With almost two billion people worldwide spending at least some of their day on Facebook, it’s no wonder the social media platform is also the advertising darling it is today.
Cheap ads, a targeted audience that spends more time on the platform than anywhere else online due to a slight obsession by their user base, and you have a potential goldmine on your hands.
Use Facebook Targeting to Save Ad Spend
But just like all that glitters is not gold, play the ad game wrong on Facebook and you can have a really bad day. Without a target audience, you are wasting your money. And there are many things to consider when deciding who to target on Facebook. Let’s take a look.
Before you begin your advertising campaign, you need to be sure you are targeting the right audience. Facebook offers several different demographics to choose from. Consider the following examples of ways to target your perfect demo:
Sure, income, the lead-off hitter of construction marketing demographics. Facebook lets you hone in on any income level you’d want. If you have an expensive, but not essential product or service, it will most likely be purchased by someone with high discretionary income. Lower end or essential products and services will appeal more of those with lower incomes. The nice part about home improvement, when the house needs fixing, it doesn’t matter how much you make. So use income as a good way to weed out high or low-income earners depending on your offer.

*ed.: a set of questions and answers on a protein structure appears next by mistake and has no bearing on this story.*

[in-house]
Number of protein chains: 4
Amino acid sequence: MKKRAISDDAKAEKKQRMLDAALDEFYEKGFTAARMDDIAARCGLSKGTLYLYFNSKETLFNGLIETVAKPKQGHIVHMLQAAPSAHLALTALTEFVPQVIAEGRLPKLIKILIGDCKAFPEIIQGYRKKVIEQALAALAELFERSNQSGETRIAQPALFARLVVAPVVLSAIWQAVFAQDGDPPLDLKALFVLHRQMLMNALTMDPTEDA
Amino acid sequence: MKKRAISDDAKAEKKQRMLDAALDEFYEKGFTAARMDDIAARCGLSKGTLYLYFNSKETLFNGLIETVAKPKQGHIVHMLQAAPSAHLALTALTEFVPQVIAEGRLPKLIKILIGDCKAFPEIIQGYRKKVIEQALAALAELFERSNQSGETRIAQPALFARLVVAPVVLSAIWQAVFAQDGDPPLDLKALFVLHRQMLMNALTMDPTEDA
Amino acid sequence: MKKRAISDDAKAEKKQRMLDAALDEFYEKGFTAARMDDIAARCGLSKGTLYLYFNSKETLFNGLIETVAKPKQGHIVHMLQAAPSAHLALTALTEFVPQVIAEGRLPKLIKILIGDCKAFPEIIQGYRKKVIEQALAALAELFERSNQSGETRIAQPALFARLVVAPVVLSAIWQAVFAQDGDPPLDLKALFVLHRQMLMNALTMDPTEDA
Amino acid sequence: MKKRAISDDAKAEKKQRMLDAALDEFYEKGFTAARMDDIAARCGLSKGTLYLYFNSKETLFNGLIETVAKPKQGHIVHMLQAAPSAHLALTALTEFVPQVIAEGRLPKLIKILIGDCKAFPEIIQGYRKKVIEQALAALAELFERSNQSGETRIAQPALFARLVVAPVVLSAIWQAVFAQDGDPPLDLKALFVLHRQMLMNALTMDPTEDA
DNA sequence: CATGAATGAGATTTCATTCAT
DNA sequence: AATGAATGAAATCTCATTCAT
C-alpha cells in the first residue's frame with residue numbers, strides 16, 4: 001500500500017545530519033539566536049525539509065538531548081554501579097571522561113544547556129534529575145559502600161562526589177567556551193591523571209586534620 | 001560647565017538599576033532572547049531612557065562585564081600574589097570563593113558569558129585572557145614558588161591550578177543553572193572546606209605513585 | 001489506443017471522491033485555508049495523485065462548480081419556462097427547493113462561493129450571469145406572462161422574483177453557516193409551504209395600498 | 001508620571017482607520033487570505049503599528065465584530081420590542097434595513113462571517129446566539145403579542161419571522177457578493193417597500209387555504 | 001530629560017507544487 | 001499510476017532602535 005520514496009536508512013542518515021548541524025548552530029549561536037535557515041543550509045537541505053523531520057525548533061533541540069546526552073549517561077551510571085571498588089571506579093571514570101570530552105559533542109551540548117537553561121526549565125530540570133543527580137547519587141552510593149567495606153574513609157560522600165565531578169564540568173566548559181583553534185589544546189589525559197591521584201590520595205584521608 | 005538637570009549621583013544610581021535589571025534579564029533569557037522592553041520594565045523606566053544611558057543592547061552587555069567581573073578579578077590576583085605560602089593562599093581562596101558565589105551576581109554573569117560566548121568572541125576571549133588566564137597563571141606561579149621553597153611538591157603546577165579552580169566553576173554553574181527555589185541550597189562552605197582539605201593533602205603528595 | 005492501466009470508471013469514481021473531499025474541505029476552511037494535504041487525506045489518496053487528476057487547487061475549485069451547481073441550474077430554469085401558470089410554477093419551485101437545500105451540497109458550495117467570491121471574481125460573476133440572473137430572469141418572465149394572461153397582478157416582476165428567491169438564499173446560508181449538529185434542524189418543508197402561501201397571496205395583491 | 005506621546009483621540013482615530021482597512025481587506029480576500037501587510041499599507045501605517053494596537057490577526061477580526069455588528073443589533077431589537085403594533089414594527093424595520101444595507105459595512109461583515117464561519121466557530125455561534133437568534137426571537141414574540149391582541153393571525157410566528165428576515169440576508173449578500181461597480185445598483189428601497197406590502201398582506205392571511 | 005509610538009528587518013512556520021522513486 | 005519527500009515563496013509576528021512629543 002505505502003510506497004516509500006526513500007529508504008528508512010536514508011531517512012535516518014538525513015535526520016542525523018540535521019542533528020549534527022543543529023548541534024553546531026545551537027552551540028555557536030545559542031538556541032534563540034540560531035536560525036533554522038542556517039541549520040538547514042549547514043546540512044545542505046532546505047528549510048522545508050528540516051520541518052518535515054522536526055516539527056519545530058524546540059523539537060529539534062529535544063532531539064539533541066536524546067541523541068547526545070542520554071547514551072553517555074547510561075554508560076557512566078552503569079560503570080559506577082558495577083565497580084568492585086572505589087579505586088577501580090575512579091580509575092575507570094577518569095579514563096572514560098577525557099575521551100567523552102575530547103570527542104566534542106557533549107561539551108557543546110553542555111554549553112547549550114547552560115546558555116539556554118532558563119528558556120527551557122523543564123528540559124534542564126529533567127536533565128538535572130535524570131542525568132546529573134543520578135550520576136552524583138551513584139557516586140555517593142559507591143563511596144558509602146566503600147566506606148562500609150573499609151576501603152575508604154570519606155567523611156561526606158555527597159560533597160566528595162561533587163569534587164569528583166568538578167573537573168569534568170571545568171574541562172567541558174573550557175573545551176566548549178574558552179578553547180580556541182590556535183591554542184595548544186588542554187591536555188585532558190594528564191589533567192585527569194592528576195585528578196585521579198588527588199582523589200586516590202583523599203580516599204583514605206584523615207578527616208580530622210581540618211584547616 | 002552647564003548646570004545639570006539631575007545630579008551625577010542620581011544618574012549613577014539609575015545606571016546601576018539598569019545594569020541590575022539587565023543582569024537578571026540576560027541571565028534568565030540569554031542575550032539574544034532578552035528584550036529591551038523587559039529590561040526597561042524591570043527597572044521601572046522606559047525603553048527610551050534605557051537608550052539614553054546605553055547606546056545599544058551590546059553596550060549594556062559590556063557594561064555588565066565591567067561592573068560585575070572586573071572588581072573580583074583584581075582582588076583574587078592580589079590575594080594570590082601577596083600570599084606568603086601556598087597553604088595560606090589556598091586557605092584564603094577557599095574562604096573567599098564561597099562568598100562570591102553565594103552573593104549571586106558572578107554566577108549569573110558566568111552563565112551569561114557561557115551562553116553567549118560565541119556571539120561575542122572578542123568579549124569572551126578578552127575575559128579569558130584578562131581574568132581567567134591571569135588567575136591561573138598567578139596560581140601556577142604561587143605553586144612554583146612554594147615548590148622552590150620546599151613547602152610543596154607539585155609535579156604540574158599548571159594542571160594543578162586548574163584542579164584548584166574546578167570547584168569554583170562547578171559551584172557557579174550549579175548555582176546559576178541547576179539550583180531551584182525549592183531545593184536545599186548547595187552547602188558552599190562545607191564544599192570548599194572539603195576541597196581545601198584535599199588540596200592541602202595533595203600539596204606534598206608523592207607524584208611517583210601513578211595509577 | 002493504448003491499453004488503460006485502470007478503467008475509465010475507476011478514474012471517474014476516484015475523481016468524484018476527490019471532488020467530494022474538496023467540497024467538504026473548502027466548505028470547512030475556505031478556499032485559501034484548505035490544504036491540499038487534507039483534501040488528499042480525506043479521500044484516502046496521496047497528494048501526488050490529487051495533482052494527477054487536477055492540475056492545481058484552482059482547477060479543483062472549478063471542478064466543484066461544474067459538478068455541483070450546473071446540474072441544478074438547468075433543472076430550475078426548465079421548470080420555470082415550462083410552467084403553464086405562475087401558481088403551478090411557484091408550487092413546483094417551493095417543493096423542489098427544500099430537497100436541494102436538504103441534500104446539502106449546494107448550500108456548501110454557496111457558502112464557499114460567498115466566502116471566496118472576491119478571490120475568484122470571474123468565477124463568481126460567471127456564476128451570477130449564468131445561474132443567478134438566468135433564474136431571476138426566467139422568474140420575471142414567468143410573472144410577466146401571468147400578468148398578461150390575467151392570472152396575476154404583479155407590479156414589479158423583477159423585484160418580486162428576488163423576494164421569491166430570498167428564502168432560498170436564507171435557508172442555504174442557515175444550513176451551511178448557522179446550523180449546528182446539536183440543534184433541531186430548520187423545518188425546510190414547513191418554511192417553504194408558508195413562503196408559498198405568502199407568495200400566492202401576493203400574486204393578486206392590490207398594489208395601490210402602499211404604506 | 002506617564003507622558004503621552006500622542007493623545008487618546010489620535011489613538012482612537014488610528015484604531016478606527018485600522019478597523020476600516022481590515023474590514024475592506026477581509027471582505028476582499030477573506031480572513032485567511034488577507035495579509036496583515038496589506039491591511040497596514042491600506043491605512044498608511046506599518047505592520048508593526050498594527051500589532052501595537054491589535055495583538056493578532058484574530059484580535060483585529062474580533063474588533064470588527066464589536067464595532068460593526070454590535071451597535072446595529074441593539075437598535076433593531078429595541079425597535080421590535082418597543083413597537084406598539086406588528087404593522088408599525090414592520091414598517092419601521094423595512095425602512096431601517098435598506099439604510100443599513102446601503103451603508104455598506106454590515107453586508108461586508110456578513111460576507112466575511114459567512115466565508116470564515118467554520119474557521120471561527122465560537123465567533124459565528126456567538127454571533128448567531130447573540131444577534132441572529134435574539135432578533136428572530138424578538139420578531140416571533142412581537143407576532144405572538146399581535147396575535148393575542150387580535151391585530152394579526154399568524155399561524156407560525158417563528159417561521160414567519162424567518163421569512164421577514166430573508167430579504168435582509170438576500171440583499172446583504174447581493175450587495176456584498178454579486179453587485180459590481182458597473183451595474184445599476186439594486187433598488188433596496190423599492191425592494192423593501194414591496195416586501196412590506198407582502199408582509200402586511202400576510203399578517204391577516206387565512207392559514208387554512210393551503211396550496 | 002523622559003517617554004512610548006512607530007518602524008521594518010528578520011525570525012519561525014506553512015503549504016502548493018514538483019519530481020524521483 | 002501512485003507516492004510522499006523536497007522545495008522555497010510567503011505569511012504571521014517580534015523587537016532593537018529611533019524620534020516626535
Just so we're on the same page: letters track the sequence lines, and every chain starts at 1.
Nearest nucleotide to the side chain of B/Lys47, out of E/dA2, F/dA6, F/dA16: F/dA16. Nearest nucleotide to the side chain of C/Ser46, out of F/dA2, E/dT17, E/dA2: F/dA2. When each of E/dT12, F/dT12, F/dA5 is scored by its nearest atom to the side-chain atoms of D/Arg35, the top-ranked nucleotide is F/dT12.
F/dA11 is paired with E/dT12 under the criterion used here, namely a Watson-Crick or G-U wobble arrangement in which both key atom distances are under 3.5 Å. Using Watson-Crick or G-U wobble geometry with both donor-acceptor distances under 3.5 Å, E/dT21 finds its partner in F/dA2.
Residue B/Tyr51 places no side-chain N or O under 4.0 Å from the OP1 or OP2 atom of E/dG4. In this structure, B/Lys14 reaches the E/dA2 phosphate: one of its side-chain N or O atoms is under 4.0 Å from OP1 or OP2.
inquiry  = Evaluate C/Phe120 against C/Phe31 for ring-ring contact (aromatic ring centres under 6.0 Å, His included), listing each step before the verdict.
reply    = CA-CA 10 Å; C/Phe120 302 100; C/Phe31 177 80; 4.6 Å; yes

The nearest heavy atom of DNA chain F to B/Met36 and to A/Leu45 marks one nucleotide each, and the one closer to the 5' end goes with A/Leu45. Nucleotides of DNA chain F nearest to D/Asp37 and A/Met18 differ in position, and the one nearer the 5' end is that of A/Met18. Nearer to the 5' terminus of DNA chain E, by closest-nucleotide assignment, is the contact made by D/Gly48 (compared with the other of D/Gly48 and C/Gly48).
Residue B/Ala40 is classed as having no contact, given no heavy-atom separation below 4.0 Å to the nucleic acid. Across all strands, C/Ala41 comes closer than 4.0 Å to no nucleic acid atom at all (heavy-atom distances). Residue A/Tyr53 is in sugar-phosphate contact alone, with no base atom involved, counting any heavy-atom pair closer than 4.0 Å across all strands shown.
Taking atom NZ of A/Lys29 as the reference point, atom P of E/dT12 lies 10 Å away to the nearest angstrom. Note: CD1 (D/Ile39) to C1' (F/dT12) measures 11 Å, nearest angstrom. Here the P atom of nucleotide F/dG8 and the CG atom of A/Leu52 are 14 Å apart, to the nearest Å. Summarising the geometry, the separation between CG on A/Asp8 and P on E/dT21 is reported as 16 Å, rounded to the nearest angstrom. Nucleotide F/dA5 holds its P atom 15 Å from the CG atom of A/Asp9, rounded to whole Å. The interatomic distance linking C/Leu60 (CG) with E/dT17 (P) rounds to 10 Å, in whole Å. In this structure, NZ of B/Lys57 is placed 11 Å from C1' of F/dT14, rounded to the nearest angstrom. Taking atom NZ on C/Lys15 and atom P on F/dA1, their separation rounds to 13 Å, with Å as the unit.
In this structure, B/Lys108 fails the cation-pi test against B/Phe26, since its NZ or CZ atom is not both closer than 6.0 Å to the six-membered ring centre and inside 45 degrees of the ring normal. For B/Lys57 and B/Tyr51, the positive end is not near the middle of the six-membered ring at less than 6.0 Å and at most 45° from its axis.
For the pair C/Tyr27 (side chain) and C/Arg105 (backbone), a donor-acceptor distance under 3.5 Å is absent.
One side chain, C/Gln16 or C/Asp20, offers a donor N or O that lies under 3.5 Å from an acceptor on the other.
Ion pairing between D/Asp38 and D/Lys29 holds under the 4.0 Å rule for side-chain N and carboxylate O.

A small, local contractor will probably not want to advertise to people living out of state (or even out of their area). Unlike Google, Facebook doesn’t want your ad budget to get sucked up on useless clicks, so they make it a point of having you drill down as close as possible to the areas you want to service. This is great to target a “farm” area if you will, not unlike what real estate agents use to network their services.